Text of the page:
Casting a vote for Democratic presidential nominee Joe Biden requires a reason that “outweighs the killing of 860,000 babies per year,” an Illinois bishop said last week.
Bishop Thomas Paprocki of Springfield, Illinois, noted that abortion remains the Catholic Church’s “preeminent priority because it directly attacks life itself,” quoting from the 2015 “Forming Consciences for Faithful Citizenship” document from the U.S. bishops.
“In light of this information, I and many of my brother bishops and priests have been asked if it is a sin to vote for Joe Biden and Kamala Harris, especially since Mr. Biden has recently said he would seek to codify the abortion license of Roe v. Wade if it were overturned in the U.S. Supreme Court, and he would support the repeal of the Hyde Amendment, which prohibits federal funding of abortion,” said Paprocki.
As attorney general of California, Harris initiated the prosecution of David Daleiden, a journalist who exposed the abortion industry’s participation in the illegal sale of body parts.
“Harris orchestrated the raid of Daleiden’s apartment in which authorities seized a laptop and several hard drives that contained the videos he filmed as part of his expose of Planned Parenthood,” Paprocki said.
Earlier this month, Daleiden said no other undercover journalist in California has ever been charged under the state’s video recording law in its 60-year history.
“Joe Biden’s and Kamala Harris’ vehement support for laws that promote abortion is what leads many people to ask if it is a sin to vote for them,” Paprocki continued. “Voting itself is not a sin. In fact, it is a good thing to vote, but voting for someone who promotes an intrinsic evil raises the question of cooperation with evil.”
The Illinois bishop said Catholic moral theology distinguishes between formal and material cooperation. Formal cooperation is when someone “shares the evil intent of the wrongdoer,” while material cooperation occurs when someone does not “share the intention of the wrongdoer,” but is “in some way involved.”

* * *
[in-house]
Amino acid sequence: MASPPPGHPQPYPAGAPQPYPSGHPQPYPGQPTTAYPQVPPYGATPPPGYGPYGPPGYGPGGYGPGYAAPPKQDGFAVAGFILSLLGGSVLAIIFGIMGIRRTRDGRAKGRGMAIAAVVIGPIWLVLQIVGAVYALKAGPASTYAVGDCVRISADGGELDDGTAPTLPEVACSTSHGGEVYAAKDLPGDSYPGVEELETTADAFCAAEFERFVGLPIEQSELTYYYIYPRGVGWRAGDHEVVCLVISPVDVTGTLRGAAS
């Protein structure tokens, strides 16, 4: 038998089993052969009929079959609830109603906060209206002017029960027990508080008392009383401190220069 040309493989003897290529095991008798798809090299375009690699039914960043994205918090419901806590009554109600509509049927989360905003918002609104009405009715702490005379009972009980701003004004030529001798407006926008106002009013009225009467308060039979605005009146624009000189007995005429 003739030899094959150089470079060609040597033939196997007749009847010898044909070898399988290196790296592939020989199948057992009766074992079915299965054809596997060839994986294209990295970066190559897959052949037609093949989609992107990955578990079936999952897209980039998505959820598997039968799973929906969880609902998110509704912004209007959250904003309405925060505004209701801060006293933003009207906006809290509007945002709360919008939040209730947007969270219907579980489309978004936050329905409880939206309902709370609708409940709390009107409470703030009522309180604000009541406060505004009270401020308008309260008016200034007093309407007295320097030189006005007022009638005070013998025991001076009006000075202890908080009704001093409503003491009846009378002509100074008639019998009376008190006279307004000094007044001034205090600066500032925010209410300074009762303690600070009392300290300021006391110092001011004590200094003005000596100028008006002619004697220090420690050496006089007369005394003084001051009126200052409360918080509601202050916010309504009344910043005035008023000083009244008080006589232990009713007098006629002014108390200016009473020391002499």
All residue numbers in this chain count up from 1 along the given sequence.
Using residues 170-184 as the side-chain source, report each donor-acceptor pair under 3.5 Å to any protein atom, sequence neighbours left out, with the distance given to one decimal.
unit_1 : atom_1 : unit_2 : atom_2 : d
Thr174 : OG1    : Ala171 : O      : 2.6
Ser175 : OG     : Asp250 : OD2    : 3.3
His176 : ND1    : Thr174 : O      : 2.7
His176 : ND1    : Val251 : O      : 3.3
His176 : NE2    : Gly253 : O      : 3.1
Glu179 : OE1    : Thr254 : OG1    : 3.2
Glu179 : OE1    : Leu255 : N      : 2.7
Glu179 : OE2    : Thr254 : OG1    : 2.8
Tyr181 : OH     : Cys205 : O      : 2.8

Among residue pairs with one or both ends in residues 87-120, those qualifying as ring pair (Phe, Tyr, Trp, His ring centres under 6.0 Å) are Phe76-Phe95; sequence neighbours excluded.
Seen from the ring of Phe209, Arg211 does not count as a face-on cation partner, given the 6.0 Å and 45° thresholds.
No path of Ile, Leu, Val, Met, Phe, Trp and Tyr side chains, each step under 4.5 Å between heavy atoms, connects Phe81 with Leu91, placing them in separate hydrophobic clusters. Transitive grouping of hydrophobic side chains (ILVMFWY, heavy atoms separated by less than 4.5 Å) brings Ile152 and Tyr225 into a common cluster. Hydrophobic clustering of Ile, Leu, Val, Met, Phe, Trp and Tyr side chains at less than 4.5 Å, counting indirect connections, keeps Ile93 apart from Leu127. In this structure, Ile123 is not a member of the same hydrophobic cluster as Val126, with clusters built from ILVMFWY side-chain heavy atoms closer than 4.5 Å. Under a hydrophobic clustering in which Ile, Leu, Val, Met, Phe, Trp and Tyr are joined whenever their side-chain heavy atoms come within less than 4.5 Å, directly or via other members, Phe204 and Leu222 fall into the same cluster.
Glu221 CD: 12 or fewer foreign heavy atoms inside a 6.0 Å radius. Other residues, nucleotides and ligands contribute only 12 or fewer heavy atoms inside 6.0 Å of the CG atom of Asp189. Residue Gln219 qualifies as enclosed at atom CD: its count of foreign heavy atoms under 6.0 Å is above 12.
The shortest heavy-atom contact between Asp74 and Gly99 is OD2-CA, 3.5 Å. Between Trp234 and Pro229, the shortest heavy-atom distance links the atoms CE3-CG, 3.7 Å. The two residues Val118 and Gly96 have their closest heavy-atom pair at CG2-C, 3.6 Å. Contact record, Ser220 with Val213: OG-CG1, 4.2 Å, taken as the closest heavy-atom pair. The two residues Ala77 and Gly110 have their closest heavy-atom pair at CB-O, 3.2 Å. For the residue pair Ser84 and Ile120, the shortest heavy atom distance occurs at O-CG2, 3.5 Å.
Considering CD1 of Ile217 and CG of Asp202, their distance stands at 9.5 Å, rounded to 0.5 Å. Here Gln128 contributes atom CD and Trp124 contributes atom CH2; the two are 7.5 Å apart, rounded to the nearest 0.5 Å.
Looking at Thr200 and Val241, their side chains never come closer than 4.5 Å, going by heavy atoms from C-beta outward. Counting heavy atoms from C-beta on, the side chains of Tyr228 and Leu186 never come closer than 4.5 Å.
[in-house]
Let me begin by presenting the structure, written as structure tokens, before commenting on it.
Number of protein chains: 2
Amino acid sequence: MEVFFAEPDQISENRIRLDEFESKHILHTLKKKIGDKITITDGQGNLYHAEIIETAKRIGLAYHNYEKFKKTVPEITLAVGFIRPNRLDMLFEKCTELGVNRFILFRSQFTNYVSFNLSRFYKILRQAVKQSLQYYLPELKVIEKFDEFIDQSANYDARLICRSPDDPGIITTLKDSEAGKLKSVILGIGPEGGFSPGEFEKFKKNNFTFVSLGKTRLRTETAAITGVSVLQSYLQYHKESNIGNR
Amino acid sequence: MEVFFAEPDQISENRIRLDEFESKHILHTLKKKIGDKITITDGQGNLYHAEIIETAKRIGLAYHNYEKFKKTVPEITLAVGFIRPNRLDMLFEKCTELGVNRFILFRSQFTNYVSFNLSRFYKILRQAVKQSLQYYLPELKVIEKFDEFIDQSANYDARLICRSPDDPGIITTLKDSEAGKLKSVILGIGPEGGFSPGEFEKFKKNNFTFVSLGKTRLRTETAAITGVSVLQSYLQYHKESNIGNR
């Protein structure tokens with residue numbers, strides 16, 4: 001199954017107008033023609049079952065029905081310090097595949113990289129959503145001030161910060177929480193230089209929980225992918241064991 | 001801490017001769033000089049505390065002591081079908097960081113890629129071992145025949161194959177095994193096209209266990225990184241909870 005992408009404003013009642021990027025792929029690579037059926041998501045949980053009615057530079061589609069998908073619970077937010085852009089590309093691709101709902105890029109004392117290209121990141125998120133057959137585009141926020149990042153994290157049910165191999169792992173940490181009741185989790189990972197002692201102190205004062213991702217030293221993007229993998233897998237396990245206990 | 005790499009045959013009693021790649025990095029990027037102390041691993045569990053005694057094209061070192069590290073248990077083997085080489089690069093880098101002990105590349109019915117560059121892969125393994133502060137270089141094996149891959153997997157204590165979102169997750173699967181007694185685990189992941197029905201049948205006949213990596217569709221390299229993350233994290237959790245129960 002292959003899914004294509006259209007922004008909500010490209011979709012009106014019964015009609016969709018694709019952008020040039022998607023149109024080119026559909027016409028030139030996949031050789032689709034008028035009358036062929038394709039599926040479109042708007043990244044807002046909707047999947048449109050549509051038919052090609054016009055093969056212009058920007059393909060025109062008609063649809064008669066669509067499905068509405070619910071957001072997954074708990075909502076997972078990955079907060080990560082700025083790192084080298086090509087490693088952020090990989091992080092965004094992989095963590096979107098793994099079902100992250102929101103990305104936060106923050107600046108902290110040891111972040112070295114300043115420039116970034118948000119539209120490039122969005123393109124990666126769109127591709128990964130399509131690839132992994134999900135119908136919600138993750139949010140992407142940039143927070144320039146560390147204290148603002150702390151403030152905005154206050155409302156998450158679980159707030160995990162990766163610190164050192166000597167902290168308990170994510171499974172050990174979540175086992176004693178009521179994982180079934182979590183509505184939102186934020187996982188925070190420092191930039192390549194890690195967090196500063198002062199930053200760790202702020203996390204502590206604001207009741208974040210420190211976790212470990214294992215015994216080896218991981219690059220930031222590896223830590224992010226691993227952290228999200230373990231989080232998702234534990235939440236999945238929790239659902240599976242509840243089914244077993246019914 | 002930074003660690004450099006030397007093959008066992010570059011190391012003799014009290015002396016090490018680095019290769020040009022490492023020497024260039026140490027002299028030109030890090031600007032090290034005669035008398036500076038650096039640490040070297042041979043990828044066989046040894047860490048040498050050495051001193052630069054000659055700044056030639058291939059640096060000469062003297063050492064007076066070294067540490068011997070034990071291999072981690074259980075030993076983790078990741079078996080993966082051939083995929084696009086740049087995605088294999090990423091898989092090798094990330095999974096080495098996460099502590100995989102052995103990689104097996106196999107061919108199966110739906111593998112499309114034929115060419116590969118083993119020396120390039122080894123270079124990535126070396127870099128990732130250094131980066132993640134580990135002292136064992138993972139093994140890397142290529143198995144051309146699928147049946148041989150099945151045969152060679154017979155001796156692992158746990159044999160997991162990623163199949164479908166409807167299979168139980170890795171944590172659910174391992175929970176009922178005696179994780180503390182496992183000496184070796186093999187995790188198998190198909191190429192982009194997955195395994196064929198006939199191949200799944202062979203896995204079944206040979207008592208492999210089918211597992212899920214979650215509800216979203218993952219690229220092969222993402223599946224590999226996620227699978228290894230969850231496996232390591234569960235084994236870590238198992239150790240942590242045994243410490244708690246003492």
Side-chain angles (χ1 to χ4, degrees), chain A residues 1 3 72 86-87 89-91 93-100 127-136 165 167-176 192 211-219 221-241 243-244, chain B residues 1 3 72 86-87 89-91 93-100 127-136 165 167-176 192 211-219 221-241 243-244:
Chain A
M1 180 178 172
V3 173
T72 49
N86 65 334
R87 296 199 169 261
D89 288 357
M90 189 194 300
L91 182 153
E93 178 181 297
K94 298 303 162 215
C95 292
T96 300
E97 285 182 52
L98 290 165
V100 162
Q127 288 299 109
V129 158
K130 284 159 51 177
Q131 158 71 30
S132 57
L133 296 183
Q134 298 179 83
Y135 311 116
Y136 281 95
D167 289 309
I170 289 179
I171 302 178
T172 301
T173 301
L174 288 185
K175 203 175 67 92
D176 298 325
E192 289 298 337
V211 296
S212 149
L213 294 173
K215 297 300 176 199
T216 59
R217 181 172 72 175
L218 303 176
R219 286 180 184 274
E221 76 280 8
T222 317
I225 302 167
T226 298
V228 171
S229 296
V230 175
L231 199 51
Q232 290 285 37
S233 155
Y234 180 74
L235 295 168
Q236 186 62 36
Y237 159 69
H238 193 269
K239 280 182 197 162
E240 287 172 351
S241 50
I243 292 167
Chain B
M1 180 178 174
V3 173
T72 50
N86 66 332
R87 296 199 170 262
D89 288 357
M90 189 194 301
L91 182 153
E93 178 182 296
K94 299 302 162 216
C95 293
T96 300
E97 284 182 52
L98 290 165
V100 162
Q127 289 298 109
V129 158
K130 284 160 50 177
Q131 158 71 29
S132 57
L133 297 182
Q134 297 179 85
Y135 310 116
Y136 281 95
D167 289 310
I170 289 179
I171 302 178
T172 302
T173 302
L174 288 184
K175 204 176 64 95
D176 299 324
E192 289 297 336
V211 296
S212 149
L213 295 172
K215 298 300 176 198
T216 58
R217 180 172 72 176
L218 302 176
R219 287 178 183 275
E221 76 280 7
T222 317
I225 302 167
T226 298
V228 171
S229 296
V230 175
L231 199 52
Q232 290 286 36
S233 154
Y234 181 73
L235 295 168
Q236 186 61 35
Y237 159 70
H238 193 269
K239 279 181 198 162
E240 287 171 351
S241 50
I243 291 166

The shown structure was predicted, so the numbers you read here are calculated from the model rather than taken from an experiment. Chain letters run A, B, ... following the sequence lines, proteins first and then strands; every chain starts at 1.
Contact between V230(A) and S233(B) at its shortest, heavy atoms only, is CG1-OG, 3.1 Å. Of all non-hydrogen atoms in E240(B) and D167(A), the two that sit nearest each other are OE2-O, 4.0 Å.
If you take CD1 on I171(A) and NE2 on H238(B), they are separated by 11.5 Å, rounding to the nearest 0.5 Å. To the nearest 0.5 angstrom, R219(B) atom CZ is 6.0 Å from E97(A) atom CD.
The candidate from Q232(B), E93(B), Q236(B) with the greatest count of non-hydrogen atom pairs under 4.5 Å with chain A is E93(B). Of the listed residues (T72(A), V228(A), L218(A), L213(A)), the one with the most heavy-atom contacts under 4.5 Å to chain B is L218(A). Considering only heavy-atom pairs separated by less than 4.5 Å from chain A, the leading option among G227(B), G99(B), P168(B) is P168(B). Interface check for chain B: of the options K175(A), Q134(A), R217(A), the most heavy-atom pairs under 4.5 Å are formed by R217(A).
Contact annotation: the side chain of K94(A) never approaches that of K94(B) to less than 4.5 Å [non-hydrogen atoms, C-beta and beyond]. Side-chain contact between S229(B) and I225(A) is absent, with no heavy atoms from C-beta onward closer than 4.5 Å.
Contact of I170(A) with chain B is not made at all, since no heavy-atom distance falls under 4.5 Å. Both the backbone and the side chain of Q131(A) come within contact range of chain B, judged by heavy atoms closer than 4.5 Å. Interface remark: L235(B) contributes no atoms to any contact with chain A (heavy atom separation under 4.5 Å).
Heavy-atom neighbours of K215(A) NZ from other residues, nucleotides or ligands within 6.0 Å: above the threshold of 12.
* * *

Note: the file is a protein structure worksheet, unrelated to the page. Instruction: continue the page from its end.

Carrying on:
Material cooperation with evil, which can be further distinguished between proximate and remote cooperation, requires “a proportionately grave reason,” he said.
“The more proximate the cooperation, the more proportionately grave the reasons needed for the action to be justified,” Paprocki noted.
Applied to voting, casting a ballot for a candidate because he supports abortion is formal cooperation and “is always sinful.” On the other hand, a voter who does not intend to support abortion but votes for someone who intends to promote abortion “becomes a cooperator in an intrinsic evil.”
“It can be argued that the cooperation is mediate because that one person’s vote may not be essential to the procurement of abortion. But mediate cooperation in a grave evil requires a proportionately grave reason to be justified,” said Paprocki. “Over 860,000 abortions took place in 2017, the latest year reported in the United States. In order to justify voting for a proponent of abortion, one would need a proportionately grave reason that outweighs the killing of 860,000 babies per year.”
He said a candidate’s opposition to the death penalty does not constitute a “proportionately grave reason,” since capital punishment is not in the same moral category as abortion.
“While abortion is considered to be an intrinsic evil, the death penalty has been called inadmissible by Pope Francis,” Paprocki said. “The second problem with this argument is the lack of numerical equivalency. While over 860,000 abortions took place in our country in the last reported year, there were a total of 22 executions of prisoners in seven states in 2019.”
“It is hard to see how voting for someone who opposes the death penalty would be a proportionately grave reason to justify voting for that same candidate who promotes abortion,” the bishop concluded.